And the leading church theologian of the middle ages, Thomas Aquinas (1225–1274), wrote in his greatest work Summa Theologica/Theologiae:
“The physicist proves the earth to be round by one means, the astronomer by another: for the latter proves this by means of mathematics, e.g. by the shapes of eclipses, or something of the sort; while the former proves it by means of physics, e.g. by the movement of heavy bodies towards the centre, and so forth.”9
Orbs of medieval rulers
Figure 3: Richard II of England, coronation portrait, Westminster
Figure 2: Henry III, Holy Roman Emperor (1017–1056), being
presented with the orb of kingship.
Figure 3: Coin of the Byzantine emperor Leontius (d. 705)
Credit: CC-BY-SA Classical Numismatic Group, Inc. www.cngcoins.com
As early as the 5th century, medieval European kings carried a symbol called the globus cruciger, Latin for ‘cross-bearing orb’, as a Christian symbol of royal power. The orb, usually a golden sphere, represented the earth—hang on, a sphere representing a flat earth—something’s wrong here … oh that’s right, it was a spherical earth. It was topped by a cross to symbolise Christ’s lordship over the earth, and held by the ruler to symbolise that he had been entrusted to rule his lands. In medieval portraits, the scale didn’t indicate physical size but importance, hence the large size of the cross.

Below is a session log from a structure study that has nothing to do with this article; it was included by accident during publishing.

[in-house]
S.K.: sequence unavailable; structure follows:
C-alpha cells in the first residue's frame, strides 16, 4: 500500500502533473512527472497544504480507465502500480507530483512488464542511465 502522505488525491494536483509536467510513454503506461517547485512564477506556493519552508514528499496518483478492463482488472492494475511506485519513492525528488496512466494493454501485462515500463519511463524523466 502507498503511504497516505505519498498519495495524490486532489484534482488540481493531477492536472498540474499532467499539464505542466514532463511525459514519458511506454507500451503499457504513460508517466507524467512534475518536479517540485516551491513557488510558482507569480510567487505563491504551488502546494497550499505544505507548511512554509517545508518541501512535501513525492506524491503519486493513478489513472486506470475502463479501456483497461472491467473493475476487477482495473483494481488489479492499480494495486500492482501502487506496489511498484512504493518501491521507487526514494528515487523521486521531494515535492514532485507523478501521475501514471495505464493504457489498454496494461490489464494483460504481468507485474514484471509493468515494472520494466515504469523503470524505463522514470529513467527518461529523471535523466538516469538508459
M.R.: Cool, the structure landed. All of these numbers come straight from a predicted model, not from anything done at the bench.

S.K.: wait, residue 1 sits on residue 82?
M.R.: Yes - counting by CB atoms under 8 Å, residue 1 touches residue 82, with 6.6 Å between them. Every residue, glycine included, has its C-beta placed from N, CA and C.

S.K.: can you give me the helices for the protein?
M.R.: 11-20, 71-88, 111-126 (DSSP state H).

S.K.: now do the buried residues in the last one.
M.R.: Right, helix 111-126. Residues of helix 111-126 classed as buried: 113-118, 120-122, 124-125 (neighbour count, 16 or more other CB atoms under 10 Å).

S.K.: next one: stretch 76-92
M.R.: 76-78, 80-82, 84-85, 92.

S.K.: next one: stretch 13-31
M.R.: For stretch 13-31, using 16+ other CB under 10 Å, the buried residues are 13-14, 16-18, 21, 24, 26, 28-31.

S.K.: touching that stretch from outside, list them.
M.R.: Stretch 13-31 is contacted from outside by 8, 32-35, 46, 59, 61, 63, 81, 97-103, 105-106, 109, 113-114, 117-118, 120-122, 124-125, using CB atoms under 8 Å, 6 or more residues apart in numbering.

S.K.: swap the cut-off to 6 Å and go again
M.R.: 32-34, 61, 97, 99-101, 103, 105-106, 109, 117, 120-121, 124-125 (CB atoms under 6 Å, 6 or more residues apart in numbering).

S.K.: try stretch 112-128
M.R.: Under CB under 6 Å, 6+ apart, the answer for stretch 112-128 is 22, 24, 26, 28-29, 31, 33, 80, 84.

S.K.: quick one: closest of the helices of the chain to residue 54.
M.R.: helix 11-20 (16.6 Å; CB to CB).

Indeed, there are many pictures portraying Christ Himself holding the orb, the classic Salvator Mundi (Saviour of the World) theme.
Why did people oppose Columbus?
The above demonstrate that Columbus (1451–1506) was never opposed by flat earthers, simply because there were none to oppose him, among either church or political leaders. So what was the real issue?